As the weather warms up, I get the urge to fire up the grill and sear a hunk of meat.
I don’t know what it is, but even guys that hate cooking, if you give them a piece of red meat and a charcoal grill, they will happily don an apron and happily start cooking over an open flame.
So over the weekend, I was in an asian supermarket and saw some pork shoulder with nice marbling, and thought that it would make a nice cantonese barbecued pork (char sui 叉烧肉), so that’s what I’m doing today.
For the uninitiated, if you’ve passed by the front of a Chinese butcher shop, you would have seen these.
It’s a savory marinated barbecued pork with a sticky-sweet glaze. That’s the goal.
a propane or charcoal grill 1 1/2 lbs (about 600g) of pork picnic shoulder (with good marbling) 2 tbs soy sauce 1 1/2 tbs oyster sauce 1 1/2 tbs hoisin sauce 3 tbs rice wine/cooking wine 1 tbs ground bean sauce (this is a paste made from fermented soy beans) 1/2 tsp Five spice powder 1 glove garlic, finely minced 2 tbs sweet sauce (this is a sweet sauce made from soy beans) 1 tbs honey or maltose
- my pork shoulder was kinda square shaped, and I expected it would take a while to cook all the way through, so I cut it in half, along the grain of the meat to produce two rectangular sized pieces that would cook in a shorter time.
- mince the garlic very fine.
- prepare the marinade buy combining the minced garlic, soy sauce, oyster sauce, hoisin sauce, rice wine, ground bean sauce, and five spice powder. Mix thoroughly.
- perforate the pork using a sharp knife or the tines of a fork (this assists the marinade to penetrate the meat)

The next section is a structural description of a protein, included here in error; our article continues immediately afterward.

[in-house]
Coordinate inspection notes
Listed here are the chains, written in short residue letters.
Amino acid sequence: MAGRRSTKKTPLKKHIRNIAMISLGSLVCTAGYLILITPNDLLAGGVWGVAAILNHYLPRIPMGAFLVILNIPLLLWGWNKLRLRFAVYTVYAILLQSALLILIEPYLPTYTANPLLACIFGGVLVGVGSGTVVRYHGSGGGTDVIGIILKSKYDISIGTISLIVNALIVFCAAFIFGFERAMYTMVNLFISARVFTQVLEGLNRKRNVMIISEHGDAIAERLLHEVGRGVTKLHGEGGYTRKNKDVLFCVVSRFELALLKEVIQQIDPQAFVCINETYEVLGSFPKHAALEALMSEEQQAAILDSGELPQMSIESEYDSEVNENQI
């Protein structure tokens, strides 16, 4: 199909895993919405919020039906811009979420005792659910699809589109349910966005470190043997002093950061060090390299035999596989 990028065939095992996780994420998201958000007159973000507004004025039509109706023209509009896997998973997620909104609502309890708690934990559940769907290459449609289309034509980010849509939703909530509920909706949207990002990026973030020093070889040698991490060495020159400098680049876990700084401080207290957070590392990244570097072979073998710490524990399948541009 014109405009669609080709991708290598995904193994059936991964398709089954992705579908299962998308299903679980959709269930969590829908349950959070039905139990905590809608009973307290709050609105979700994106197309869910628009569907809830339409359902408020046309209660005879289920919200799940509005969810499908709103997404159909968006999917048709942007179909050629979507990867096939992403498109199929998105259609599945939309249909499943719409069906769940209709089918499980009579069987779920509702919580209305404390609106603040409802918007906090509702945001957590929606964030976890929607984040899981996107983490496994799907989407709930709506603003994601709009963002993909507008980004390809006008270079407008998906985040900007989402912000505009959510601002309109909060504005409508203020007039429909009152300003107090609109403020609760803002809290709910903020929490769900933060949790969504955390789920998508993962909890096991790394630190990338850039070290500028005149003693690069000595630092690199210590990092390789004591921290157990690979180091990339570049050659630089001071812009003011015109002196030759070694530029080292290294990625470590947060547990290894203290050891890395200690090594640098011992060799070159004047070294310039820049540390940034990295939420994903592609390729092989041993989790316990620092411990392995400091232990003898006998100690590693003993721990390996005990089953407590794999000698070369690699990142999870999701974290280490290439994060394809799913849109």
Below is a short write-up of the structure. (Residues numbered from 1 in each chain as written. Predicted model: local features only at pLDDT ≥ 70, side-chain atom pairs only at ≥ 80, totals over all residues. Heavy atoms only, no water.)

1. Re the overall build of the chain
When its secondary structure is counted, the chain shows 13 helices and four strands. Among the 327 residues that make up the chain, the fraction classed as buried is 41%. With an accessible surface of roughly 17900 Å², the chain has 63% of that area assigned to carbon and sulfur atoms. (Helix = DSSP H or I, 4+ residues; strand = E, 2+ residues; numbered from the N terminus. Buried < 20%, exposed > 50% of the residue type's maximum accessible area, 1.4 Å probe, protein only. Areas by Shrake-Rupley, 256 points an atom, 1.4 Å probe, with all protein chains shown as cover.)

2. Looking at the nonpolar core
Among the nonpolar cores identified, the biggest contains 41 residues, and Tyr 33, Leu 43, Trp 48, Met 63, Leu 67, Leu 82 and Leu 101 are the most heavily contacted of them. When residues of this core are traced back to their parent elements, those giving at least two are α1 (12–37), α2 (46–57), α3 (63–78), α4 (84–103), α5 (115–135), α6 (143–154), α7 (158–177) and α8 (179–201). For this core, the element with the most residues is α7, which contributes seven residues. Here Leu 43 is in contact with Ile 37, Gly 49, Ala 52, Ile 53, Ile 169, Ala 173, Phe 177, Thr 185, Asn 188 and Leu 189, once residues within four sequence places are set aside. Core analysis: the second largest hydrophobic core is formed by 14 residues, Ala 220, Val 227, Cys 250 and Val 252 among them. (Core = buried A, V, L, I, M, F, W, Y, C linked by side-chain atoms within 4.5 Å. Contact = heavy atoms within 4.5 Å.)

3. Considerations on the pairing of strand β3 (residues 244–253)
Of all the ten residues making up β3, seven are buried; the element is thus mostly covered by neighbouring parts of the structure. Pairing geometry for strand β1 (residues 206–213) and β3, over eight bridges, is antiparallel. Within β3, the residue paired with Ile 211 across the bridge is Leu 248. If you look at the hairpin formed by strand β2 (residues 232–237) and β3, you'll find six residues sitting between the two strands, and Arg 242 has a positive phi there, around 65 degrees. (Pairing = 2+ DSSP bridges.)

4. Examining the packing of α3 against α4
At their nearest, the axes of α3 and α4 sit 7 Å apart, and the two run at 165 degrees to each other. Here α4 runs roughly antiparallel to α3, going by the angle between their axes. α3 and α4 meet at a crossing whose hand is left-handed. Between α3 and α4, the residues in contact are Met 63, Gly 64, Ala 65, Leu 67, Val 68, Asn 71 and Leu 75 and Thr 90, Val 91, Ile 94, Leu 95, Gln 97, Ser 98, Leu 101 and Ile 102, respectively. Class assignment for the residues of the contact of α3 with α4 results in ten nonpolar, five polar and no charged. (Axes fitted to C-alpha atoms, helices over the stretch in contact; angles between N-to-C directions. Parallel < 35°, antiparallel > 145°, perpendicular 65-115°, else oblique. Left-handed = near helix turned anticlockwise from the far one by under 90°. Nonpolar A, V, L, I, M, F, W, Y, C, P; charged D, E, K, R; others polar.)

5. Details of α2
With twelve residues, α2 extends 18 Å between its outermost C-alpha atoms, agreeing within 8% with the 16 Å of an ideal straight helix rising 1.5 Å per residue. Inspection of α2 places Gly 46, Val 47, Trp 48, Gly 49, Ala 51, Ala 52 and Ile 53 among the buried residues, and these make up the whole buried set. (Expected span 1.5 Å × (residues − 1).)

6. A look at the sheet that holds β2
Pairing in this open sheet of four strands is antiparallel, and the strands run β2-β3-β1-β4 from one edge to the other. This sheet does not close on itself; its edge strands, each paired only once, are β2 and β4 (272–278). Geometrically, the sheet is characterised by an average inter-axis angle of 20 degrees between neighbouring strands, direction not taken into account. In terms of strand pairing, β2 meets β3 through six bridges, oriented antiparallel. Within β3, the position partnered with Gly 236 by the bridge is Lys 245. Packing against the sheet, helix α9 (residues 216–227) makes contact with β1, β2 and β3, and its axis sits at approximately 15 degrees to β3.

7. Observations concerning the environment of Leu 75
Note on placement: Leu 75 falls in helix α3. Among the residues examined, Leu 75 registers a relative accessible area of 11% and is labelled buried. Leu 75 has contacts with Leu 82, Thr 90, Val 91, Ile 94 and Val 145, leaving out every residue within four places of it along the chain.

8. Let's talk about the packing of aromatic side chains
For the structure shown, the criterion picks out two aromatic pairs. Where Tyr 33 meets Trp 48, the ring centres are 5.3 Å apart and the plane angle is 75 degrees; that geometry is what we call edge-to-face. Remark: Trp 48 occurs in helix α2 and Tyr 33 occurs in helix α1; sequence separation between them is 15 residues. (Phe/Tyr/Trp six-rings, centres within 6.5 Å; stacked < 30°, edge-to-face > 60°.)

- place the pork in a durable plastic bag with the marinade, mix the sauce around so that it coats all pork.
- store the bag with the marinading pork in the refrigerator for at least 4 hours. Turn the bag over every 2 hours.
- prepare the glaze by combining the sweet sauce with honey (or use maltose if you have it available)
- fire up the grill to medium-high and let come to temperature.
- get a nice sear on one size (about 3 minutes) then flip the meat
- let sear on the other side (for about another 2-3 minutes)
- turn the heat down to medium-low
- use a brush to glaze the meat and then turn the meat over every 2-3 minutes
- repeat until the pork reaches an internal temperature of about 150F (about 65C). Remember that the pork will continue to “carry-over” cook for several minutes after removing the heat source. It should stop at about 155F.
- let rest for at least 15 minutes on the counter, slice across the grain of the meat and serve
- There’s a fair about of sugar in the marinade and in the glaze, so this pork could char and burn easily. Either keep the meat moving around the grill, or use indirect heat (i.e. turn the heat on one half of the grill surface, and leave the other half off. Char the meat on both sides over the direct heat part of the grill, and then move the meat over to the “cool” side of the grill, and close the lid. This will cause the heat to circulate inside the grill, cooking the meat indirectly. This will take longer, but will avoid burning, and produce a more tender texture).
- There are many recipes for this available on the internet. Many use pork tenderloin. I do not recommend this. Pork tenderloin is very lean and will go from cooked to overcooked very easily.
- Frequently cantonese barbecued pork will have a bright red colour. That comes from food colouring. My recipe does not have it. It’s optional, personally I don’t like it.